Implementing the Camera Mechanic from Viewfinder

Recently, I played Viewfinder, which is a puzzle game with a really interesting mechanic. You can take photos of the game world, and later "apply" the photo to replace the world behind it.

I thought it would be interesting to try to implement it. I've also wanted to try Godot Engine, so I'll be using that to implement the game.

Creating the Game World

Before we can start with the camera mechanic, we have to have a game in which to apply them. Since Godot already has a physics system designed for 3D games, it's very easy to create one. We can just get a bunch of 3D models and import them into Godot as the appropriate entities.

For the scenery, we can add them as a StaticBody3D, while for the physics objects, we can add them as a RigidBody3D. The character itself can be created using a CharacterBody3D. Then it's just a matter of connecting the input events to the character movement. It's already very well explained in the official tutorials, so I won't repeat them here.

A simple game world

Simple Capturing (Copy and Paste)

To start with, we can implement a very simple version of the algorithm, which is just copying and pasting at the right place. We can break down the algorithm like this:

  1. Find which items are in the camera viewport.
  2. Make a copy of those items, and keep their position relative to the player.
  3. When the photo is applied, place those copies in the world.

Finding Items in the Camera

To find the items that are in the viewport, We can take advantage of Godot's collision system. A camera's viewport is a pyramid, so we can just create an Area3D (collision detection area) in the shape of a pyramid and place it in the correct location relative to the player. We can make it very large so it can collide with everything that the player sees.

When it's time to find the items, we can query this collision detector for any items that intersect with it.

Large pyramid as collider

Copying and Pasting Somewhere Else

Like many game engines, Godot uses a scene graph to organize the game world. This means that all objects have a parent, and they maintain their position relative to their parent. For example, in FPS games you can define the camera as a child of the player entity, so it moves when the player moves.

With a scene graph, it's quite simple to implement this. We can make a copy of all visible entities in their current place, and reparent them to the player while keeping their absolute position. We also need to disable them so they don't interact with the world as the player moves around.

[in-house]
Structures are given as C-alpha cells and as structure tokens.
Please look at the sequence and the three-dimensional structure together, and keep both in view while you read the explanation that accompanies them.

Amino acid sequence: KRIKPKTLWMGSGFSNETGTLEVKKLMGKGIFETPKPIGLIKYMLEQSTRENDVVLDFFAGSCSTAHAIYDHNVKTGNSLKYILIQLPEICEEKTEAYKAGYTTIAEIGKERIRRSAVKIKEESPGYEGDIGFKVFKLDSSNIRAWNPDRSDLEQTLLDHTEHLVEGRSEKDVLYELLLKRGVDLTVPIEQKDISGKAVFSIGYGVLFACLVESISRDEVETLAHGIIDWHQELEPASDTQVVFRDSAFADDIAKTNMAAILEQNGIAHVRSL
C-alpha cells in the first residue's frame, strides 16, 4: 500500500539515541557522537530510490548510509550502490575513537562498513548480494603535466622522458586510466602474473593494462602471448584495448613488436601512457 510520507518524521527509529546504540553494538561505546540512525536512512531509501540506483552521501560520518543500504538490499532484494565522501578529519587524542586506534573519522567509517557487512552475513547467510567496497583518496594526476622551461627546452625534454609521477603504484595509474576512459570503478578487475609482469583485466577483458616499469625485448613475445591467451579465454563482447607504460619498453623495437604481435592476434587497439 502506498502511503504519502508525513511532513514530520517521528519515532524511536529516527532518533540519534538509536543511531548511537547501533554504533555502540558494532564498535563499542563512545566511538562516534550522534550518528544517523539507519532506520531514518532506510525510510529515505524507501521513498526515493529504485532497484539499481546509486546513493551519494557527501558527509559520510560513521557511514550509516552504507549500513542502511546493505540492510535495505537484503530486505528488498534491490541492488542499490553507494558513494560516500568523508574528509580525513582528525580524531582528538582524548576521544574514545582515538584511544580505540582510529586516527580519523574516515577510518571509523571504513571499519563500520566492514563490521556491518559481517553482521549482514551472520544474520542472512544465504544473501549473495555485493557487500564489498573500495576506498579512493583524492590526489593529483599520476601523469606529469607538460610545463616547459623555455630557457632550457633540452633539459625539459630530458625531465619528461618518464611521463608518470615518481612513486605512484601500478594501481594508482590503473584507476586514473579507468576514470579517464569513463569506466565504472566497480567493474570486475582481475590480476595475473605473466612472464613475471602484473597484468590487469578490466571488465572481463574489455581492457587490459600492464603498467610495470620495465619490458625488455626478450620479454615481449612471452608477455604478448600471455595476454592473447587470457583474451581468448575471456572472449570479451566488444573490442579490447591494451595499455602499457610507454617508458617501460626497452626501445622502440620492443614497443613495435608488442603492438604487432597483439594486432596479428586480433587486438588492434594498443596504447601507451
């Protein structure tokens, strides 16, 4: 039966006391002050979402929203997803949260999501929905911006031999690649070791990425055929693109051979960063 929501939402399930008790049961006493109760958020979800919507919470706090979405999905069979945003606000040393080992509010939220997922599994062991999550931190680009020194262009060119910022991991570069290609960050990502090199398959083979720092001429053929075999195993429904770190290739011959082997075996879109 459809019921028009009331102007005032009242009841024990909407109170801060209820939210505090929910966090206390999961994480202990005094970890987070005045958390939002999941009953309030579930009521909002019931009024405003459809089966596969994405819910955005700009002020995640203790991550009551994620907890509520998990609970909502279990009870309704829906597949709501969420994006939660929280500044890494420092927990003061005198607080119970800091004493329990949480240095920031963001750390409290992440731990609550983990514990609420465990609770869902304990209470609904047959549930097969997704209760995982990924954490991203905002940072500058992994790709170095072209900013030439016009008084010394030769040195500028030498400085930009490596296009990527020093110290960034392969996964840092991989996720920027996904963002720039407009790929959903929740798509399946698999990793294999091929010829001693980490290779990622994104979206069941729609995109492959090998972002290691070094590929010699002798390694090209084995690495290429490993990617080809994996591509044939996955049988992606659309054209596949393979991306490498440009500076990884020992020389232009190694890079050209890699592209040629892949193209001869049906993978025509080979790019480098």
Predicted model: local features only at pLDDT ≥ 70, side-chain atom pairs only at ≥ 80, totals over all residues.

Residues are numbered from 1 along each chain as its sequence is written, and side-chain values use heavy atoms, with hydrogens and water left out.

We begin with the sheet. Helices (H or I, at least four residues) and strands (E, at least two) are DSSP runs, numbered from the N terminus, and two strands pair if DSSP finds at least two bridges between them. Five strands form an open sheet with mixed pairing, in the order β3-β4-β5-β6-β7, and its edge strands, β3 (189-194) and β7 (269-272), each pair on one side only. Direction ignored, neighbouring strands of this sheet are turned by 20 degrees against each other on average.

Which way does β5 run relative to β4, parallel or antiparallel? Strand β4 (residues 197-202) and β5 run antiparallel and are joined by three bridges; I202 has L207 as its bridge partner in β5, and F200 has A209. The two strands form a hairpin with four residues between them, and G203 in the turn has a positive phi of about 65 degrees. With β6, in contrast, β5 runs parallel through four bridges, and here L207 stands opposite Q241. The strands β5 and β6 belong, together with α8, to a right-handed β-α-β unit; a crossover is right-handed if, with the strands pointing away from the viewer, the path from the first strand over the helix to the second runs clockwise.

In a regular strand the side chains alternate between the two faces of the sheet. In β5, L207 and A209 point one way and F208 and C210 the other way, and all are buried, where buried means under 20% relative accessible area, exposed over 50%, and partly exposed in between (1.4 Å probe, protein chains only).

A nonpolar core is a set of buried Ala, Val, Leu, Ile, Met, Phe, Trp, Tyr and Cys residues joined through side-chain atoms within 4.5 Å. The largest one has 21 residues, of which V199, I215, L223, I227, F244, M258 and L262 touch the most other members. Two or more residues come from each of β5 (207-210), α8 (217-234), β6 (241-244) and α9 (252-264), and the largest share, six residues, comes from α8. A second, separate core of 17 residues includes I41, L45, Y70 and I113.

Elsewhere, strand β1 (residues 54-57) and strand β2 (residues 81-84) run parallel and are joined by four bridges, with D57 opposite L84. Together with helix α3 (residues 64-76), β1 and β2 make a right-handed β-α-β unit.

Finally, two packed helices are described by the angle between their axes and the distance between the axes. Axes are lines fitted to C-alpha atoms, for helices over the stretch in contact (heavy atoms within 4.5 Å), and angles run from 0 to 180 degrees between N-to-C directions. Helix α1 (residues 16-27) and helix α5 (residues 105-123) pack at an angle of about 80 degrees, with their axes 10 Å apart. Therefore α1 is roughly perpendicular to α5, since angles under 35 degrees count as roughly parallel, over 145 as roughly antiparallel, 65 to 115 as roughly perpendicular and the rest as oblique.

When we paste the entities later, we just reparent the copy back to the game world.

Simplified algorithm example

You might already see a problem with this simple example; the pasted object will overlap with existing objects, and it will also paste the object parts outside the viewport. To really sell the photo effect, we need to cut away parts of the 3D models when we're copying and pasting.

Cutting the Models using Constructive Solid Geometry

Constructive solid geometry is a way to create 3D models by using Boolean operations between other 3D models, such as intersection and subtraction. We can use these to cut away the models when copying and pasting.

Conveniently, Godot already implemented these algorithms! We can use the same pyramid we used for collision detection to do these CSG operations.

When copying, instead of keeping the entire copy of the model, we can keep only the parts of the model that intersect with the viewport pyramid.

When pasting the photo, we query the collision detector, and for each model that intersects it, we keep only parts of the model that do not intersect with the viewport pyramid.

The CSG implementation in Godot is not designed for this. They're quite clear that these algorithms are intended for level prototyping, where there's a lot of time to compute the resulting model. So it seems they require 1 frame after the CSG models are set up before the resulting model is available.

After digging through the source code, I found that there's an internal _update_shape function that is responsible for generating the model. Calling this function makes the model available immediately, so we can use it.

With this, the implementation is finished. Try it yourselves here!


Well, it's still relatively simple. The original game has a lot more polish, from what I remember:

  • Keep track and apply the skybox behind the items.
  • Bake the lighting to the static models. Together with the above, the rendered image doesn't change at all before and after applying a photo.
  • Apply the correct texture for the parts of the model cut away. They had watermelons that you could cut to expose the red flesh inside.
  • Update the weights of the physics objects based on how much they're cut.
  • Probably many more things that I didn't even notice.

Still, it's quite a good learning experience. You can check out the source code in its GitHub repo.

Addendum: Deploying the Game to the Web

Godot has a web export, but there are some complications. For one, it uses shared memory which requires some isolation headers to be sent by the server. It also generates a big 27MB .wasm bundle. I use Cloudflare Pages for this site, but its size limit is 25MB, so I can't deploy the game using the same method. In the end, I set up a separate domain and HTTP server for it.